We’ll have to see if that edge is enough to help Sweet Earth edge out the other plant-based meat competition.

Source: The Spoon

Caramel Chicken with Old Ginger


Chicken wing (the middle part) 10 pieces


1 tbsp ginger juice
4 g sugar 4 g
2 tsp rice wine


1 clove shallot, peeled and sliced
2 tsp white wine vinegar
5 tbsp Italian black vinegar
80 g sugar
2 tsp ginger juice


  1. Rinse thoroughly the chicken wings. drain to dry, add marinade and marinate for 10 hours, shallow-fry to 80% done, and set aside.
  2. Heat a wok, add oil, and stir-fry the shallot until fragrant over a low heat.Add the white wine vinegar and stir-fry briefly. Add the Italian black vinegar and sugar and stir well. Cook until thickened.
  3. Put the chicken wings back to the sauce. Cook over a low heat until done. Add ginger juice and stir well to finish.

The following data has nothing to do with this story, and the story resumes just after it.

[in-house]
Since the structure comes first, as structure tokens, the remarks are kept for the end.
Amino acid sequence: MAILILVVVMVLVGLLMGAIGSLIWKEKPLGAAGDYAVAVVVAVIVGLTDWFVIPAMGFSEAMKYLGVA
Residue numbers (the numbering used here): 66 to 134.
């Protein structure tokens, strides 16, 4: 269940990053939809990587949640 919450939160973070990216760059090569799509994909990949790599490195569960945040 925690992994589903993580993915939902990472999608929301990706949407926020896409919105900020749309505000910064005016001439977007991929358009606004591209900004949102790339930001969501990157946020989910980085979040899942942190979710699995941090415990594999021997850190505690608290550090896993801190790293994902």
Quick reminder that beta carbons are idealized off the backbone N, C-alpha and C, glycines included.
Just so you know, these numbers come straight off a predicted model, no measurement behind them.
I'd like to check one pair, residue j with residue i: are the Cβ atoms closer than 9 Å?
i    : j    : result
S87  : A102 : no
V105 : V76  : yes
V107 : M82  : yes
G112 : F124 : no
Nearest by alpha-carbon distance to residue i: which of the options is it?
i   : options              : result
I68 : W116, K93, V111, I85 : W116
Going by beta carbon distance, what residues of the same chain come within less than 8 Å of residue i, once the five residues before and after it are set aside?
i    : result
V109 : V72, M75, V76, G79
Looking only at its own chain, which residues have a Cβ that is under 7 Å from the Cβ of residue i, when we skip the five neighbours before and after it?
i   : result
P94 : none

Makes 4 to 5 servings.

Source: Chicken Delicacy

In Pictures: Chicken Wing Dishes of American Restaurants

A Healthy Diet May Help Prevent Kidney Disease

Maintaining a healthy diet may help prevent kidney disease, according to an analysis of published studies. The findings appear in an upcoming issue of CJASN.

Making dietary changes can help slow the progression of chronic kidney disease (CKD), but it’s not clear whether a healthy diet is protective against the development of the disease. To investigate, Jaimon Kelly, PhD, Katrina Bach (Bond University, Australia), and their colleagues analyzed all relevant studies published through February 2019.